Dylan seems to be a very similar (although larger) player to his brother Ryan. His playmaking ability and ability to see the ice is definitely his most valuable at this point. Like Ryan, he has terrific puck skill and is able to read plays exceptionally well in the offensive end. He'll have to continue to develop his shot though, as this was a big part of Ryan's game too. And like Ryan, Dylan seems to have some skating issues, but Ryan improved that aspect of his game a lot over his OHL career. All in all, Dylan was a very impressive rookie who showed that he's likely to be one of the top centers in the league by the time he graduates.
4. Blake Speers - Sault Ste. Marie Greyhounds
Man, are the Greyhounds drafting well lately. Speers was exceptional as a rookie this year. He's not the biggest guy, but he's always there in front of the net looking for scoring opportunities. Speers is one of those guys that the puck just seems to find near the crease, likely because of his terrific hockey sense. And when he gets it, he's got a great shot and is able to bury the majority of his chances. I also liked the high level of energy he brought in the offensive end, constantly buzzing around and getting his nose dirty. He'll need to continue to add strength because he's not the biggest guy, but he's certainly a very talented offensive player.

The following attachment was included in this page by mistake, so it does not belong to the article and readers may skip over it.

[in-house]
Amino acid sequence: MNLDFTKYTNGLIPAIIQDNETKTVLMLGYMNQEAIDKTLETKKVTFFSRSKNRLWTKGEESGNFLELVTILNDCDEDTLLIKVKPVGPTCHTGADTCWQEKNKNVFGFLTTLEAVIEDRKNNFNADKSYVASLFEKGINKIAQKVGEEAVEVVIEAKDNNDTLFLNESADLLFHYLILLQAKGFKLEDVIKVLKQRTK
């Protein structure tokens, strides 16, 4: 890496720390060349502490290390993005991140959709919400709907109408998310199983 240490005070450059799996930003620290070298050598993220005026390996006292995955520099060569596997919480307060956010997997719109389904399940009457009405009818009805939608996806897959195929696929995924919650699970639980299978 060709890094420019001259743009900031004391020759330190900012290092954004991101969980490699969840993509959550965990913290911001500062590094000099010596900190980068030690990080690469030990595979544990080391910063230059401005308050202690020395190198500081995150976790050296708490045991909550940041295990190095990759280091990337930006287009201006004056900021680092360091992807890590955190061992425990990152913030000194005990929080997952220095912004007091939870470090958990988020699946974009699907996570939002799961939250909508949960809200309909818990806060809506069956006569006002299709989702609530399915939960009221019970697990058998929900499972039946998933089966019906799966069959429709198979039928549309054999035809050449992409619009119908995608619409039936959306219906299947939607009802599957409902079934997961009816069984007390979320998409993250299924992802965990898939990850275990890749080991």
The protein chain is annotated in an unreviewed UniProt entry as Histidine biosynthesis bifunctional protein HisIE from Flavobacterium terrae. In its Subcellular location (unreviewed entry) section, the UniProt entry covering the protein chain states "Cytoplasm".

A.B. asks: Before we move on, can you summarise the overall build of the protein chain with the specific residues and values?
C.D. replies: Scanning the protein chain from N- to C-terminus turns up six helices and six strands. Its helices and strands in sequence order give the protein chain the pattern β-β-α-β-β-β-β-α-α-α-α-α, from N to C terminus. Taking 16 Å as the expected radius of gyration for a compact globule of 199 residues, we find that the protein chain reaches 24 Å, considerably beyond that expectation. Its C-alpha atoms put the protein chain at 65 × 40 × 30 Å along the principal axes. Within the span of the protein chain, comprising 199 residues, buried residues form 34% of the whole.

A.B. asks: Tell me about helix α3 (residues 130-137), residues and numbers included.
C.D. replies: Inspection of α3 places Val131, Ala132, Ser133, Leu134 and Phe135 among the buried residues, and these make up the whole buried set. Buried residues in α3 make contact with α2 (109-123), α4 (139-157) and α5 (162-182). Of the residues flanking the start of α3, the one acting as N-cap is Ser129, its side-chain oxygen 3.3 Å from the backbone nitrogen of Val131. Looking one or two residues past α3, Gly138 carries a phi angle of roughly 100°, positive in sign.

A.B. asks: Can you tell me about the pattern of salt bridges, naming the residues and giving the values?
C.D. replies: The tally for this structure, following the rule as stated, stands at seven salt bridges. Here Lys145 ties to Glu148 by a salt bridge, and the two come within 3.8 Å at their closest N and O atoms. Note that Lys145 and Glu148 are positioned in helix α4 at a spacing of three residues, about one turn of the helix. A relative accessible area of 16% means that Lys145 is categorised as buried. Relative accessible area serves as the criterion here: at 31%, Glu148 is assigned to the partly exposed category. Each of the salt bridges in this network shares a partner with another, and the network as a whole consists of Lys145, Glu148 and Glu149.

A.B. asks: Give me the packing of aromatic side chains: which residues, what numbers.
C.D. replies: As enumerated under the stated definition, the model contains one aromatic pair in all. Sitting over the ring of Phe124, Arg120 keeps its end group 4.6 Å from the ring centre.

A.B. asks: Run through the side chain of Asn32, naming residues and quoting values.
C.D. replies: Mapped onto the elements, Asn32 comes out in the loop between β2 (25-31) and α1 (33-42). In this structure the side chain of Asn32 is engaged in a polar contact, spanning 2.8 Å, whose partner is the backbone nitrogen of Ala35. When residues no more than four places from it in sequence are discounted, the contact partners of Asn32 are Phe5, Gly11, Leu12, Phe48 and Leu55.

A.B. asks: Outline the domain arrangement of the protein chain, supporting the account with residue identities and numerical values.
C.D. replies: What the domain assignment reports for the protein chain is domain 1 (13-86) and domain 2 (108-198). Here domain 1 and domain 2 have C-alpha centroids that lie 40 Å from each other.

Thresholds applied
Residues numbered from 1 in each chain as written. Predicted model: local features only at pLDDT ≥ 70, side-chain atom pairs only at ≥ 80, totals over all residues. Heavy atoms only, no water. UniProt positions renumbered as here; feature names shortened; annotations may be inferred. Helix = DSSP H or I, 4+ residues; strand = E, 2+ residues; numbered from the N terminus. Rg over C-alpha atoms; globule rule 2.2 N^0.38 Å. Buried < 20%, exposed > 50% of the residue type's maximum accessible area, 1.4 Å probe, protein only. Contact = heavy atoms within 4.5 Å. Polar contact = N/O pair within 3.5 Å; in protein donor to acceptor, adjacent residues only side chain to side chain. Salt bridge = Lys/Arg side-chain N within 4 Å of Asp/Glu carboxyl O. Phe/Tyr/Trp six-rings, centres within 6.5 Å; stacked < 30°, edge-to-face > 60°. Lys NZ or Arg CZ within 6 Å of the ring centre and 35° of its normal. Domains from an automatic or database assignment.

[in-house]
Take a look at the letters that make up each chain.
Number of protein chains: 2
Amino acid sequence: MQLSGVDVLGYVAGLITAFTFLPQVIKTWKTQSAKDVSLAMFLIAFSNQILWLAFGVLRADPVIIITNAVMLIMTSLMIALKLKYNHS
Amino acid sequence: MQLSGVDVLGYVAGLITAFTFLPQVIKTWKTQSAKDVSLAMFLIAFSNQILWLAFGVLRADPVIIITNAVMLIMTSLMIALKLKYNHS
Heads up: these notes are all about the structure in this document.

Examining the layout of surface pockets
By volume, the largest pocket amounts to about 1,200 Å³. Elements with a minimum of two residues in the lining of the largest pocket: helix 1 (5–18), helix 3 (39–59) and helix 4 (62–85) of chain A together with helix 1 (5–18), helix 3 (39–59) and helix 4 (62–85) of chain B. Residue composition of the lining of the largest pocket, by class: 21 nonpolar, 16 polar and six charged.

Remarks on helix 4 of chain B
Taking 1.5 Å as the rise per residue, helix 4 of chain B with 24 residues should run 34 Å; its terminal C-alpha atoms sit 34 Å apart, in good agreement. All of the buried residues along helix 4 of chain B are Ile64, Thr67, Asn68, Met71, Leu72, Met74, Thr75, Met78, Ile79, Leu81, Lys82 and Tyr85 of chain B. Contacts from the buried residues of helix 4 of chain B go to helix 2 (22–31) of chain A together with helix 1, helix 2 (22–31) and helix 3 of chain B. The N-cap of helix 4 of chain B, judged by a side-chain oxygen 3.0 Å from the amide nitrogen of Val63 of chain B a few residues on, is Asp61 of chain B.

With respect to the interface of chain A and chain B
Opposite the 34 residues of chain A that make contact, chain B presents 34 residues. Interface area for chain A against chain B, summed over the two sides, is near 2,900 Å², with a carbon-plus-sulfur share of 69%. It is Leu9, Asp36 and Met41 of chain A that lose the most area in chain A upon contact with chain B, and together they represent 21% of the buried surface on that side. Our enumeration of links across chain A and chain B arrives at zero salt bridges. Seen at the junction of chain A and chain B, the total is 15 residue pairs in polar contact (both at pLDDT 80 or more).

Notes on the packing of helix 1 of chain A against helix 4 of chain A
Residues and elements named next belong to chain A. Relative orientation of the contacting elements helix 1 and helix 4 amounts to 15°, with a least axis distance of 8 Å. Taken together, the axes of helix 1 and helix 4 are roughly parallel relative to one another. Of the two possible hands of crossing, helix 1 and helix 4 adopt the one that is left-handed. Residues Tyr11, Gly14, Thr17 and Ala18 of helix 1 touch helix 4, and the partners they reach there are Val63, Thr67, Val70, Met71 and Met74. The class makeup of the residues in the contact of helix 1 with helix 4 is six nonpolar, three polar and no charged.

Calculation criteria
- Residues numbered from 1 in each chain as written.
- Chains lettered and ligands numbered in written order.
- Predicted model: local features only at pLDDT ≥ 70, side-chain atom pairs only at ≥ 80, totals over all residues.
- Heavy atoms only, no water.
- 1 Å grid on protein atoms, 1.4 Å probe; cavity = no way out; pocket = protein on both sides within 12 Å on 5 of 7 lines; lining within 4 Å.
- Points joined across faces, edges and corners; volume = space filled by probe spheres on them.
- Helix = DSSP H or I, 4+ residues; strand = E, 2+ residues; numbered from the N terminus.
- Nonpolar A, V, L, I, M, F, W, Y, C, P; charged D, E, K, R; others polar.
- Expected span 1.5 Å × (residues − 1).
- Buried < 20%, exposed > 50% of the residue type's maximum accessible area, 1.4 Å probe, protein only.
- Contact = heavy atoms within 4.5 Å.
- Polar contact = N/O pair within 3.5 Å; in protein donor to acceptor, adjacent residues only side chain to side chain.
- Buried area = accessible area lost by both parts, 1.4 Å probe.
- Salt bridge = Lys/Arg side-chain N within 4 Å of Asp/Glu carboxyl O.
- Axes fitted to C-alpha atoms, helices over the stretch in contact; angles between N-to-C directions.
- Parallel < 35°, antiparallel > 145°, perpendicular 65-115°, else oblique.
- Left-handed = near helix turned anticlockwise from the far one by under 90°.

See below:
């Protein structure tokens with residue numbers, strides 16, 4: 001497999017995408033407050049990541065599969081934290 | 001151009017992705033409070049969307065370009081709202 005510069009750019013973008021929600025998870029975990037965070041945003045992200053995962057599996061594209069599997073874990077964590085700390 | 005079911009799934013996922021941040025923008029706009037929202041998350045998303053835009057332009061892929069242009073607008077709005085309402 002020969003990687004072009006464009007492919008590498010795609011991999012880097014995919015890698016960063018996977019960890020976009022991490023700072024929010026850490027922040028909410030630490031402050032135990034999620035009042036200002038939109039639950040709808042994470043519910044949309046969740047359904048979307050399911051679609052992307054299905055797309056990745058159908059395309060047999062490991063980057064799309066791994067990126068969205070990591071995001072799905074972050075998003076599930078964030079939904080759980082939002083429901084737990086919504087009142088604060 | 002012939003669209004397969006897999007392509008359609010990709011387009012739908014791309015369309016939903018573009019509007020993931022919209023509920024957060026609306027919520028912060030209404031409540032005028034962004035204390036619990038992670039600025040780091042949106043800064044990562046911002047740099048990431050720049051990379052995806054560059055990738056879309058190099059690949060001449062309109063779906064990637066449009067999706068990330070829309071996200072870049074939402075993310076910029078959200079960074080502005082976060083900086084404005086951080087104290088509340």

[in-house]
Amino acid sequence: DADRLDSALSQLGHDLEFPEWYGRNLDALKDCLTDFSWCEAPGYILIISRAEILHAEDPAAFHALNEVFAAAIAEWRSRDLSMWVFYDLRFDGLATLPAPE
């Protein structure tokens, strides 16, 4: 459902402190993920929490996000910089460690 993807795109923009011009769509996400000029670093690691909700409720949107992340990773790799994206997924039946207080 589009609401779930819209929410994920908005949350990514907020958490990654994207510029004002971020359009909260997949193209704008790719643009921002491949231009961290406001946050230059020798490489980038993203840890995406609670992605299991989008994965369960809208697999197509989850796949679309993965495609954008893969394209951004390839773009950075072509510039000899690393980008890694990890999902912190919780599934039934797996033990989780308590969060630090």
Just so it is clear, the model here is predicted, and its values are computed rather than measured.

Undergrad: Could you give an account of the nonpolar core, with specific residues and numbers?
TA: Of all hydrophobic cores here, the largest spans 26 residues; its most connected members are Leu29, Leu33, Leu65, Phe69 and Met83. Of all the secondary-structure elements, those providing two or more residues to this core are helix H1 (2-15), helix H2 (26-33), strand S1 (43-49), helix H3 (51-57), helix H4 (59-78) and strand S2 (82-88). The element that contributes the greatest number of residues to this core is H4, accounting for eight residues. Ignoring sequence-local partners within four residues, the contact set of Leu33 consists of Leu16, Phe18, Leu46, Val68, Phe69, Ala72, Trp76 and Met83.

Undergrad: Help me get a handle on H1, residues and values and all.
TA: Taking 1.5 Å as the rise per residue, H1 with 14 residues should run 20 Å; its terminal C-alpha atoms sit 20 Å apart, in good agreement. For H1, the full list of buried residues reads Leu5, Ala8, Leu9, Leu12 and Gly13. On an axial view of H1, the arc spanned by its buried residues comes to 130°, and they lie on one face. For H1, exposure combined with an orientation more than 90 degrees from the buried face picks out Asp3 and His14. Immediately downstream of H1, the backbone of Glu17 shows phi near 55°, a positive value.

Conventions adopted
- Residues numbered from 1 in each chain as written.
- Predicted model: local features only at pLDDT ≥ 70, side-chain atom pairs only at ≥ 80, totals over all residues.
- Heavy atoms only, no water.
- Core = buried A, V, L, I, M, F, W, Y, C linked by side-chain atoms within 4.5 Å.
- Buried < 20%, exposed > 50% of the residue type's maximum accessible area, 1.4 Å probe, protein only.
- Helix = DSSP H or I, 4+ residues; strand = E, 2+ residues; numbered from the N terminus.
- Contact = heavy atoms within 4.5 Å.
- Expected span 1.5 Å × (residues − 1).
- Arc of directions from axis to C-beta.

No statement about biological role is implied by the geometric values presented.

3. Mitchell Marner - London Knights
How could you not be impressed by Marner this year? No matter where he slotted in the line-up, whether he got 15 minutes or 5 minutes of ice time, Marner was always involved and noticeable. His speed and tenacity without the puck definitely endears him to the Hunter's and the type of game they like to play. The thing is, when he's able to get the puck and out hustle opponents, he has such terrific vision and is a fantastic playmaker. Anyone who played with Marner this year benefited from his ability to create offensive scoring chances out of very little. It'll be interesting to see where scouts slot him for the draft next year, considering his lack of size (although he did go through a massive growth spurt this year which should see him get close to 6'0 by draft time next year).
2. Travis Konecny - Ottawa 67's